"Miss Sloane" had good reviews, but probably was boycotted by a lot of people reducing its distribution.  Not so much a part of its plot but essential was a gun control theme as a sort of tool of the plot.  It required something controversial, but if you thought they took the wrong side you wouldn't want others to watch it (and be contaminated).  I took the script side, but have occasionally seen movies that didn't agree with my political philosophy, but if well done could be appreciated.  For more:  http://www.therealjohndavidson.com/2017/09/miss-sloan-under-rated-movie.html


"A Ghost Story" created a wide range of views.   One viewer's boring is another's profoundness.  Critics as aggregated at Rotten Tomatoes loved it, but much of the audience had less enthusiasm.  Many complained it was slow moving or pretentious.  IMDB voters were overwhelming negative.  This may make many viewers side against the critics, but may have been tempered by their viewing more movies than the average person sees and reading more about them.  Read what they have to say as it might hit a nerve or might reinforce your opinion of critics. This movie can mainly be enjoyed for its philosophy and psychology, but you do not have to accept the path the director has pushed; you can veer off in another direction.  The phrase I would choose is thought provoking.  If you are looking for action or a satisfying traditional romance this is not it.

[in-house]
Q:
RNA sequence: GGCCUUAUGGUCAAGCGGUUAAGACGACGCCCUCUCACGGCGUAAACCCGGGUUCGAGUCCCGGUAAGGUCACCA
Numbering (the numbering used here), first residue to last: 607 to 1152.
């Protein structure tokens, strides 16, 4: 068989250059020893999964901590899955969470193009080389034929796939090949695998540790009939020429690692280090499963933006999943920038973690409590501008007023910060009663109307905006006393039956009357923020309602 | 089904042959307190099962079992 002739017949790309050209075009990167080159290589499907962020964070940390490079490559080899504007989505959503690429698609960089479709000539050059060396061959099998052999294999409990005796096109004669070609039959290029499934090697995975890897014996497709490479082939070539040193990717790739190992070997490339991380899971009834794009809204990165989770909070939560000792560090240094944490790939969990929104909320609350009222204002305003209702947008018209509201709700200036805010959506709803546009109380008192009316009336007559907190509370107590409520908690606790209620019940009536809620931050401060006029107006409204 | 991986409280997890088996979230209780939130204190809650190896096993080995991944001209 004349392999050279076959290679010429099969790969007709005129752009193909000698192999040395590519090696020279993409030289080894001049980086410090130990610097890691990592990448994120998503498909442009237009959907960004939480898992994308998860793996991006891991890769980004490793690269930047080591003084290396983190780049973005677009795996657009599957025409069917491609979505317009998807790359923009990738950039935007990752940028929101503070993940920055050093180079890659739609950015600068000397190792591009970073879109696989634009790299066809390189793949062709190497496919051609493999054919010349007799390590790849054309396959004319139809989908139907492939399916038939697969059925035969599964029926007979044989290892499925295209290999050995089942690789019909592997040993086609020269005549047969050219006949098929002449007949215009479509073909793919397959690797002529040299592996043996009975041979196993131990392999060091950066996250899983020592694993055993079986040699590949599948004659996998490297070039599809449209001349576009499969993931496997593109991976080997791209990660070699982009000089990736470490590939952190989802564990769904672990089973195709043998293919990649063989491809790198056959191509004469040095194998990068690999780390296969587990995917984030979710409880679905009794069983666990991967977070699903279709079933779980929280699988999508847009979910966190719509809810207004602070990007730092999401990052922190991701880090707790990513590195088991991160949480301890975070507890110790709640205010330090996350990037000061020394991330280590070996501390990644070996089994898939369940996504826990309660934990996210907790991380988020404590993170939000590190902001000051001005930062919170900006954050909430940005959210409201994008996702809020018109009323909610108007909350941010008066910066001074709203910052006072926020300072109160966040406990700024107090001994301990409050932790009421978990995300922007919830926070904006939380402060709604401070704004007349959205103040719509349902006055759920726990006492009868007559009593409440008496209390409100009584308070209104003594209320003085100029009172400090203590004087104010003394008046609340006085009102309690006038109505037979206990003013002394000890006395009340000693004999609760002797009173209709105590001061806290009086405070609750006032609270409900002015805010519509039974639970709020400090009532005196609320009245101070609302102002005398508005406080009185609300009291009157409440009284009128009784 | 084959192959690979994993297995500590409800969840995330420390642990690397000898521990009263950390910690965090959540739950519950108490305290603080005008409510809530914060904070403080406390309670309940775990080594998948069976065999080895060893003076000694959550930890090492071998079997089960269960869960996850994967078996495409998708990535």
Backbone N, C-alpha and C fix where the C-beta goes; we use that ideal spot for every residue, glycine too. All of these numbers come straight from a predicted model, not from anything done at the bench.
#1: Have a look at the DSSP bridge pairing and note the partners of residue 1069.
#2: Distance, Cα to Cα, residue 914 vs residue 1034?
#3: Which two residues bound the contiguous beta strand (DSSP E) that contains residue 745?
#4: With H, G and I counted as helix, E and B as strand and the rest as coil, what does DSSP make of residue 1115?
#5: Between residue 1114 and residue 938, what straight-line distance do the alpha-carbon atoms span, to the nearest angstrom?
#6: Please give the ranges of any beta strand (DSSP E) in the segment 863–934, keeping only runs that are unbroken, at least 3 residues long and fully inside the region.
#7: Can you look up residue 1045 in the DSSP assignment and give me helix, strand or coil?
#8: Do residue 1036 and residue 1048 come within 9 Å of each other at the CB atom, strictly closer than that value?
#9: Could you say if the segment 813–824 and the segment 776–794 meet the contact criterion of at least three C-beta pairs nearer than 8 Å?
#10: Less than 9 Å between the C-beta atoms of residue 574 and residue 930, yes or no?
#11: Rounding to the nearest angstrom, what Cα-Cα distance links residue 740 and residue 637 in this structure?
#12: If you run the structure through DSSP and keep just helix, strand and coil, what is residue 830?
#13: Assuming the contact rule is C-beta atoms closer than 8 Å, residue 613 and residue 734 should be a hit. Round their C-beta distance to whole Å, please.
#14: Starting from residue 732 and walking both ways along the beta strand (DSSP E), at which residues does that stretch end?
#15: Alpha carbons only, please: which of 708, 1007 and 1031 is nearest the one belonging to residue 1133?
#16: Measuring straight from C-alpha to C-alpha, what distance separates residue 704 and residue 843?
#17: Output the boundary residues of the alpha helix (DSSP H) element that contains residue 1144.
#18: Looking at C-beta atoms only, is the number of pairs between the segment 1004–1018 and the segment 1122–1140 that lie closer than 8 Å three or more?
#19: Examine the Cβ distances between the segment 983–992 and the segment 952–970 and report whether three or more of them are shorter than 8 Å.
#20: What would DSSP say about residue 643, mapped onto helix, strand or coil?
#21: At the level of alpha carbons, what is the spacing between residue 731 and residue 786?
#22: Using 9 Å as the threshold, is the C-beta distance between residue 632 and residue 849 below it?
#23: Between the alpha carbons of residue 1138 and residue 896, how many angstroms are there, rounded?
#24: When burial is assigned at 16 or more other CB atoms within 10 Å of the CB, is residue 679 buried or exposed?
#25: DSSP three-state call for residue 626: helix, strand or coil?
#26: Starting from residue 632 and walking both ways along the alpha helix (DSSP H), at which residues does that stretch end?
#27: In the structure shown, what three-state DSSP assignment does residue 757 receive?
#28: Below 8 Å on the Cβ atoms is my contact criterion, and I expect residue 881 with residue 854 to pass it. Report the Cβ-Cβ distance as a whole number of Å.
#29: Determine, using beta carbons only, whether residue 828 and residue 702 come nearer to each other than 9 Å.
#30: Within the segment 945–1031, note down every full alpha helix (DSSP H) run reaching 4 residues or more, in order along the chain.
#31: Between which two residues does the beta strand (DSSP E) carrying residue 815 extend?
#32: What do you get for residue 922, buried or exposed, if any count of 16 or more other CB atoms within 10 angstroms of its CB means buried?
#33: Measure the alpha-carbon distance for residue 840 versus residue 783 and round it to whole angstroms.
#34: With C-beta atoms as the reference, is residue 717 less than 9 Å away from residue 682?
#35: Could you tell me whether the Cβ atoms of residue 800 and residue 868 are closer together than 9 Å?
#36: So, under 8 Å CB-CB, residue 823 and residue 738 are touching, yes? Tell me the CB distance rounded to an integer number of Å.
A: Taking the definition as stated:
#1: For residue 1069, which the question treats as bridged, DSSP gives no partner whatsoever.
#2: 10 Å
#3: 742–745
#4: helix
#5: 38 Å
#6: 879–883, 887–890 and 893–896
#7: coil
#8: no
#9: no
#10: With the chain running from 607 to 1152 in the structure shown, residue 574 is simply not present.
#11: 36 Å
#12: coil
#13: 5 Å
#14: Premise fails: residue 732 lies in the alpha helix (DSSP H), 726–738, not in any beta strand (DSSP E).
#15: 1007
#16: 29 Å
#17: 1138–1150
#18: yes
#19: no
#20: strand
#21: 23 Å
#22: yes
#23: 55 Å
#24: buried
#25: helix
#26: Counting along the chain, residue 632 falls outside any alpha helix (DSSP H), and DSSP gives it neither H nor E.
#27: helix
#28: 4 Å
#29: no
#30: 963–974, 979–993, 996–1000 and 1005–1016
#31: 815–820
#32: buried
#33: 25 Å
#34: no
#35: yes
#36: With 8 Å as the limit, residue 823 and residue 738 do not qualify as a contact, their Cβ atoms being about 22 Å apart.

"Thanks for your Service" got an ok rating, but seemed downgraded by too many viewers with expectations of more battle scenes and disappointed with the human drama of PTSD.  The trailer helped set up expectations, a common enough effort.  But the movie had a message and it also had a plot.  Sitting comfortably in our chairs we may pay obeisance to the flag, but mostly unaware of the feelings of returning combat soldiers.